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'We just don't seem to be going anywhere': Ó Cuív worried by FF's 'becalmed' poll status

The veteran Fianna Fáil deputy has denied that his concern about the party’s stagnation in the polls is a criticism of the leadership, but said some members may not share his level of ambition.

Éamon Ó Cuív
Éamon Ó Cuív
Image: Photocall Ireland

FIANNA FÁIL TD ÉAMON Ó Cuív has expressed concern about what he has described as Fianna Fáil’s “becalmed” status in the opinion polls, but has denied it is an explicit criticism of the party leader Micheál Martin.

“It’s nothing to do with Micheál Martin per se, this can’t be reduced to one person,” he told TheJournal.ie this morning, saying the party’s 20,000 members “can all up our performance”.

The Galway West deputy said that some people in the party may lack the ambition he has for it, but declined to say who specifically he is referring to.

“I think some people’s expectations of what is possible wouldn’t be as ambitious as mine,” he said, adding: “I don’t differentiate [between grassroots and the leadership] in the way that the media seem to do. We are one totality.”

Ó Cuív tweeted last night after the latest Ipsos MRBI poll for the Irish Times showed Fianna Fáil at 22 per cent, which he described as “becalmed”:

image

Asked why he thought the party was stagnating in the polls, the former minister said this morning: “I don’t know, we got up from the 17 [at the last general election] to 22/23 per cent. At one stage, we went a little beyond that, but we seem to have fallen back.

“We just don’t seem to be going anywhere. The worrying thing is we got 29 per cent in the last local elections. So, we’re up on the general election, but we’re not at the local election level.”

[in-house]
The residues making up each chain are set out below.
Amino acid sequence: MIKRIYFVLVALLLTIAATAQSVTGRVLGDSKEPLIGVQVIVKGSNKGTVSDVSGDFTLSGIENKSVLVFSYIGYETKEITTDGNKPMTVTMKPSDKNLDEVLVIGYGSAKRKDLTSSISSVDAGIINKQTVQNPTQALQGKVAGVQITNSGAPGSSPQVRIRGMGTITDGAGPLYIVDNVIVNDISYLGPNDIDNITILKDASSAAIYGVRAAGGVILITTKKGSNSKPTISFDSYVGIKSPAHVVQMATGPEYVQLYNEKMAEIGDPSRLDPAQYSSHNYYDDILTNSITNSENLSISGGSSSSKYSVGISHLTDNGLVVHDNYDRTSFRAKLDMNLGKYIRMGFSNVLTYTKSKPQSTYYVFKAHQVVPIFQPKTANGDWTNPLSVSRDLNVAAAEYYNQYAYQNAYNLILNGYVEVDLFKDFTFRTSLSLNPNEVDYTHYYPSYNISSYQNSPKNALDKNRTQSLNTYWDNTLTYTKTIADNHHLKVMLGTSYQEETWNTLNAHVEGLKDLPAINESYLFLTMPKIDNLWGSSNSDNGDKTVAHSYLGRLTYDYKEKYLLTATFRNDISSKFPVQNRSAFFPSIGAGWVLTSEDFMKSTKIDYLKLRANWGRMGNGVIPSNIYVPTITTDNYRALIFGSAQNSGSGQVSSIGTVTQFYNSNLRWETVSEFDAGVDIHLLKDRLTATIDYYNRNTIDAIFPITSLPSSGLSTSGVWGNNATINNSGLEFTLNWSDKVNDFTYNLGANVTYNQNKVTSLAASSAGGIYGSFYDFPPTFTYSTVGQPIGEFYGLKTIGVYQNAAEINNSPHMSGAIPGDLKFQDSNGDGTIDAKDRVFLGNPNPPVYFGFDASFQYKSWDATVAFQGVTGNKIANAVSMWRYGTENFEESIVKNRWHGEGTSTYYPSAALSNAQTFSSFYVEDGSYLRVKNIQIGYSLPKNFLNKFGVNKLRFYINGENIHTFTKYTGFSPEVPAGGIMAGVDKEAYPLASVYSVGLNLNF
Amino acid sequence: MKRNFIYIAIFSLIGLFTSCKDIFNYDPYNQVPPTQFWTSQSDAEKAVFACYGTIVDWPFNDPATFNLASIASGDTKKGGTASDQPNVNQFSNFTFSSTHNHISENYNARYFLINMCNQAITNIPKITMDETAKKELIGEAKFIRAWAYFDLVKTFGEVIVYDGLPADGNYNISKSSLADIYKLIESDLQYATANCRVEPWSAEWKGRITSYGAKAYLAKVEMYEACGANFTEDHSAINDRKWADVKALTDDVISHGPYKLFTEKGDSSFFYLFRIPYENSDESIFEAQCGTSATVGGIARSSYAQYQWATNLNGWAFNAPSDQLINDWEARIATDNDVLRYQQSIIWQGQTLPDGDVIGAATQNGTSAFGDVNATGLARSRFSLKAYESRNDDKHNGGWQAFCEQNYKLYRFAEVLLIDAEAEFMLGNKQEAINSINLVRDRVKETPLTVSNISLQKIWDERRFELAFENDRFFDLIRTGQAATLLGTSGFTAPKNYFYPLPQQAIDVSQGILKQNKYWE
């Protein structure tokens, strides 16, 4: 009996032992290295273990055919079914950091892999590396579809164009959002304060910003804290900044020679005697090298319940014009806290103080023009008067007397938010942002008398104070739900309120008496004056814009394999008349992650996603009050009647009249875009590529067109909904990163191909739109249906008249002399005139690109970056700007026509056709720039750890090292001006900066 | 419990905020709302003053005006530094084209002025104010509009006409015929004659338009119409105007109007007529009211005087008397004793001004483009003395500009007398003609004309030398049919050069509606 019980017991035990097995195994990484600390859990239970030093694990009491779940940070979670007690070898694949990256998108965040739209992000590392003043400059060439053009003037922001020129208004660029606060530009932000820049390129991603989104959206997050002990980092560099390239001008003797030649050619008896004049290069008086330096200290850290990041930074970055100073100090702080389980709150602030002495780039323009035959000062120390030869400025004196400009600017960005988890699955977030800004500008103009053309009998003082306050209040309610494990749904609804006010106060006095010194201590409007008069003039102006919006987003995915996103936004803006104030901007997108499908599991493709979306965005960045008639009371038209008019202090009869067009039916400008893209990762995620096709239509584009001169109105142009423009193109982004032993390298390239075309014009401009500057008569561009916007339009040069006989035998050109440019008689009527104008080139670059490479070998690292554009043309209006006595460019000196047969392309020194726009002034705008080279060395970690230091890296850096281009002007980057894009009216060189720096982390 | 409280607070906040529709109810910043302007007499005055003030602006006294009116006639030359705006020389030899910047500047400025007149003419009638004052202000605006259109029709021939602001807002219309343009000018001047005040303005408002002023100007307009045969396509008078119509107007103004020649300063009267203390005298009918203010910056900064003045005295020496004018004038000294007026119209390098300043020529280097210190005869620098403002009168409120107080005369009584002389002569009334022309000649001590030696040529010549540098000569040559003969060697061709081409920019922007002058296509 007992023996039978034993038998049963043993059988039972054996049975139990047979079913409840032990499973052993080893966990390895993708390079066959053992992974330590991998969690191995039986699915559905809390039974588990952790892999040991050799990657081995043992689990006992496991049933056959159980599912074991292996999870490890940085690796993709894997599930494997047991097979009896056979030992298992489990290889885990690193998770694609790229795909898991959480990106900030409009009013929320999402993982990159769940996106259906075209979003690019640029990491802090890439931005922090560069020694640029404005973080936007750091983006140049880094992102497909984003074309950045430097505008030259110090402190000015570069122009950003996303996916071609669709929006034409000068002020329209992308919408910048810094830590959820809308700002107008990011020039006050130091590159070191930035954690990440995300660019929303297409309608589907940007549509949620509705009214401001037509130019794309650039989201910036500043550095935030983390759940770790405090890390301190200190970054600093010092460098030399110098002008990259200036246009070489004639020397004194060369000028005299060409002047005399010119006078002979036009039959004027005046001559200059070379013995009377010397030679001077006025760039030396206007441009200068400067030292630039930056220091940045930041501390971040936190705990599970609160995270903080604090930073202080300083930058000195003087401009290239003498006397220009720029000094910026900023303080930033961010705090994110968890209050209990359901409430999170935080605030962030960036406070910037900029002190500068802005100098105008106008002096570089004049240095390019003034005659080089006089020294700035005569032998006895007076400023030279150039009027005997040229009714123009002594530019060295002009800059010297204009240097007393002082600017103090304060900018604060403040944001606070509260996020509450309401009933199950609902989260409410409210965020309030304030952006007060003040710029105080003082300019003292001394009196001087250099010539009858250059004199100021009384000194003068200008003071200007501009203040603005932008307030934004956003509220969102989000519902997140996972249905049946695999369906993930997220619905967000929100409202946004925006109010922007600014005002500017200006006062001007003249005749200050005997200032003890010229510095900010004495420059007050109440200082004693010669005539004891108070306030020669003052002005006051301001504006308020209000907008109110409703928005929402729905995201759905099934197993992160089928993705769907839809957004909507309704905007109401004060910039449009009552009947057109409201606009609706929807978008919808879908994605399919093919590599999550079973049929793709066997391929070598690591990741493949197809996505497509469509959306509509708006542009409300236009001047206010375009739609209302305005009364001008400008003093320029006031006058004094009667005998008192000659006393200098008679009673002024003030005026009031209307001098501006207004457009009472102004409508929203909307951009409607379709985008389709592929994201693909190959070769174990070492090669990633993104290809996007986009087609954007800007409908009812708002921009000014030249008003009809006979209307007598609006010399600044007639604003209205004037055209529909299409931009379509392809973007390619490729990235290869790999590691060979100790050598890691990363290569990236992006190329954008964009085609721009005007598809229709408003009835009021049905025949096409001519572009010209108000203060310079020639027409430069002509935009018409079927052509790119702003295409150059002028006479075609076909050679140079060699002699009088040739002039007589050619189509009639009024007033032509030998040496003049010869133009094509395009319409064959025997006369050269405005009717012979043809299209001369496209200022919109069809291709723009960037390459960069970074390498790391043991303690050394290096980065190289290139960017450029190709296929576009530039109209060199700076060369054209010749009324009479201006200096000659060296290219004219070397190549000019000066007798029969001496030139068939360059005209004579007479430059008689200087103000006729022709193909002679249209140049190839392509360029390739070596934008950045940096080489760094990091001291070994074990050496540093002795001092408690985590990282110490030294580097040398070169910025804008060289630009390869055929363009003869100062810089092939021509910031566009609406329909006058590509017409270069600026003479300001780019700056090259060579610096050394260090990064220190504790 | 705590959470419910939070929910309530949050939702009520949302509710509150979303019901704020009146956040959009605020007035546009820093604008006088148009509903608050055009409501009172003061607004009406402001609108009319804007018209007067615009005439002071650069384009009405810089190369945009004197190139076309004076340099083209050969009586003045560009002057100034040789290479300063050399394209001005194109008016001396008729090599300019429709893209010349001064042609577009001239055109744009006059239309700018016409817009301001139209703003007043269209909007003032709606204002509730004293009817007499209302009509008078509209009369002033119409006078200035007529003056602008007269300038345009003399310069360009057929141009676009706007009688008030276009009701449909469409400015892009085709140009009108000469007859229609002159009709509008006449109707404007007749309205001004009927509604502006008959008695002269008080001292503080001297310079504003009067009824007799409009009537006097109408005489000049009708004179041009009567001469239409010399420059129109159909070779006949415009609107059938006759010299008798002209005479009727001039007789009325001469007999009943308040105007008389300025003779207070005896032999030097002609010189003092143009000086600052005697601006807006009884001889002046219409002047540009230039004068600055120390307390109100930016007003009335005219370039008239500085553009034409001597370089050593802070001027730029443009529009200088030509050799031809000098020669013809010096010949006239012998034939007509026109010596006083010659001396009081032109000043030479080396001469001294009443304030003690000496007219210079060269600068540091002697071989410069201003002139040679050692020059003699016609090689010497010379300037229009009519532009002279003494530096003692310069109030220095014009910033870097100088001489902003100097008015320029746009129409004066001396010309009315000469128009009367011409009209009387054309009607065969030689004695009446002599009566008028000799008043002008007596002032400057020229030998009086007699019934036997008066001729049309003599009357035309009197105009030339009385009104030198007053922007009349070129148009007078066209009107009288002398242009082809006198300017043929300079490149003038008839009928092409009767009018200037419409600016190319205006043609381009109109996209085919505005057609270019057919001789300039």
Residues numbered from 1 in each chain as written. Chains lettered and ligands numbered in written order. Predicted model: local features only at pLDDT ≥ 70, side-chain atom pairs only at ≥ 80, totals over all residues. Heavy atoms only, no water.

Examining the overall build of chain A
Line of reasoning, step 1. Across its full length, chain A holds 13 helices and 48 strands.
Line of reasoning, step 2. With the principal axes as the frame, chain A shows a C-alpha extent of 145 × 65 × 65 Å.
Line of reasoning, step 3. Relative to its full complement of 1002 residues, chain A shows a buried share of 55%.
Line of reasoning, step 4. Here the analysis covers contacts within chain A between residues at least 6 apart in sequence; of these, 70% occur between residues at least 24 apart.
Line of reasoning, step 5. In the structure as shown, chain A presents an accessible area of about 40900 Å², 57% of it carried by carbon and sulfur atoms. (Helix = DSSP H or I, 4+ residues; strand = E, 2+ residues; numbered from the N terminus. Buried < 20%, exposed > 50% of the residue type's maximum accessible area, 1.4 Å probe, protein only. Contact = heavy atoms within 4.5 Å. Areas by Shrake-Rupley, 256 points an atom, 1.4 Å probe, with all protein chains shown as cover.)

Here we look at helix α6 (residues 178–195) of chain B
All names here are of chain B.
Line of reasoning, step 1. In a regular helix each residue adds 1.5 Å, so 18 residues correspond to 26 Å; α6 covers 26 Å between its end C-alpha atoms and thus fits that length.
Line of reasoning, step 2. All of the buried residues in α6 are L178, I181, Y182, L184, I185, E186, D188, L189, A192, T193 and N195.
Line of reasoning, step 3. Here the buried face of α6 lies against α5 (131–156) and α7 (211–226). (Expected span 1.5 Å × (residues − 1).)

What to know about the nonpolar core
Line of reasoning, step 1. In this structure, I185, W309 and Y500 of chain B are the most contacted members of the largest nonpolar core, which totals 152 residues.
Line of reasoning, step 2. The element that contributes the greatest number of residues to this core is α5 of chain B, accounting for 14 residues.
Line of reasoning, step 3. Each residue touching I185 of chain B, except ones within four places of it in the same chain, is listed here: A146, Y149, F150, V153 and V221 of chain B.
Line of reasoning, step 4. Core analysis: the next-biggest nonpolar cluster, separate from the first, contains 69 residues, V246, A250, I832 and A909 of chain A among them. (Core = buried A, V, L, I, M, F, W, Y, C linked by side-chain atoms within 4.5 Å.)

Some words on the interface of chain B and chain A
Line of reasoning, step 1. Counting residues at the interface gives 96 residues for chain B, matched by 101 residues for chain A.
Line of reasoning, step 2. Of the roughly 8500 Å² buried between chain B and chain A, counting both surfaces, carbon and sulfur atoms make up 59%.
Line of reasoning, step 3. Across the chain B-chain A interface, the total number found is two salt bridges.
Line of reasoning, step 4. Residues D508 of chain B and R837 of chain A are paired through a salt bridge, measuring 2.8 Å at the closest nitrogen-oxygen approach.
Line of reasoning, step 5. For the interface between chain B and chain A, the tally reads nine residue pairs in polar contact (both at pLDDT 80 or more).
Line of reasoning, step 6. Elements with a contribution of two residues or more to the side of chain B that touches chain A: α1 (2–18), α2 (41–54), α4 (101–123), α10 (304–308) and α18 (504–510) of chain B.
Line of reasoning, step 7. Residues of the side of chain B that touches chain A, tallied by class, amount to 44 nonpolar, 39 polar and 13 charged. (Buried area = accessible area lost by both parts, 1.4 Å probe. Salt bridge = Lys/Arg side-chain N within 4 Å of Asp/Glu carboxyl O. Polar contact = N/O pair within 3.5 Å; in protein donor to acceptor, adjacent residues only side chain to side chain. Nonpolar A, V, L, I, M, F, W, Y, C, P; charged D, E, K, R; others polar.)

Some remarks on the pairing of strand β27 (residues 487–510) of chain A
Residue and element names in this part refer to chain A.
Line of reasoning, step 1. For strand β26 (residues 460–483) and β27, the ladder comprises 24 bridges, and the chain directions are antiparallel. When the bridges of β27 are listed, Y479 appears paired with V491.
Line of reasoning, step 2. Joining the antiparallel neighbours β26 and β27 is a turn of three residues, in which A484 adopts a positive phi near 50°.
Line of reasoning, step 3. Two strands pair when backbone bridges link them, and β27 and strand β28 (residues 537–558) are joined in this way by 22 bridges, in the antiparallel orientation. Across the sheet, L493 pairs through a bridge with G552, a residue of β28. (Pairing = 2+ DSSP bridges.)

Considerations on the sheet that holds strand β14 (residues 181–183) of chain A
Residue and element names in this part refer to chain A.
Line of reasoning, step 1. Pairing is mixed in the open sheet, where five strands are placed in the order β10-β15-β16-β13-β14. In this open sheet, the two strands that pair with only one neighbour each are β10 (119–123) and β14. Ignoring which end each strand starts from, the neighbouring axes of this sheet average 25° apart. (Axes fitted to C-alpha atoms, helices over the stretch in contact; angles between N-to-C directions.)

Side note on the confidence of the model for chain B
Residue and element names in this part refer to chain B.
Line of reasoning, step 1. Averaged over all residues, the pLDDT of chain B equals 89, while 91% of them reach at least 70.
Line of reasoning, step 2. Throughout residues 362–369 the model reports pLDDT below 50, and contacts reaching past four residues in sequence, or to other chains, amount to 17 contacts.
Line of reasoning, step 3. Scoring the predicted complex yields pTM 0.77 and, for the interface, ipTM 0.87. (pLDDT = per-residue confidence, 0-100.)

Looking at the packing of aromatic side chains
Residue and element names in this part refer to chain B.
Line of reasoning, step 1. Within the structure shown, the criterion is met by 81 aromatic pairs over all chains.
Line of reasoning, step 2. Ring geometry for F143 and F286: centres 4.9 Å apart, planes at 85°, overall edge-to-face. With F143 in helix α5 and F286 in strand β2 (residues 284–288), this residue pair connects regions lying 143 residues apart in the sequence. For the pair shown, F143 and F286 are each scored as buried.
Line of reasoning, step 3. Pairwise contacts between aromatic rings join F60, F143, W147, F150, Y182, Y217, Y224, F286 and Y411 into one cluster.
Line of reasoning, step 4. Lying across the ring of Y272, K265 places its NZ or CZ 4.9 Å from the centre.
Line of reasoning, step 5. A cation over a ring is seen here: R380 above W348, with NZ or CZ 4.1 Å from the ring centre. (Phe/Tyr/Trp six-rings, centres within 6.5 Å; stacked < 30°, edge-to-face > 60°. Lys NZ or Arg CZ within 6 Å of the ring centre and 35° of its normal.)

He said the party “haven’t been great at explaining” some of the decisions it took in government or emphasising that the current government is, in his view, implementing “the four-year plan and the whole scenario we laid out in 2010″.

“As time goes on now the decisions are seen to be much more rational and much more sensible then they might have seemed in the heat of the moment in the 2008, 2009, 2010 period,” he said.

“It now seems to everybody that the easy answers of the opposition at the time were not operable. We don’t seem to have got that message across, and we just have to keep pounding it.”

He said that the party had to be “self-critical” from the front bench down to the ordinary members but said there would be no point in changing the frontbench team as all members of the parliamentary party are part of it.

“This is not about the leadership and you can ask me that question and you won’t get a different answer. This is about Fianna Fáil, we care about Fáil,” he insisted.

He said that the party should be recruiting, but said that more important than taking members into the parliamentary ranks, such as Colm Keaveny last week and possibly Peter Mathews in the coming weeks, “the most important place [to recruit] is at grassroots level.”

“If people want to join at parliamentary level that’s fine, but it’s not where you make your long term growth,” he said.

As the grandson of Fianna Fáil founder Eamon De Valera, Ó Cuív is highly regarded within the party but has clashed with the current leadership before after advocating a No vote in the Fiscal Treaty referendum last year.

This led to him being effectively sacked as the party’s deputy leader, as well temporarily losing the Fianna Fáil whip.

Read: Bailout exit sees a rise in support for coalition partners

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Hugh O'Connell

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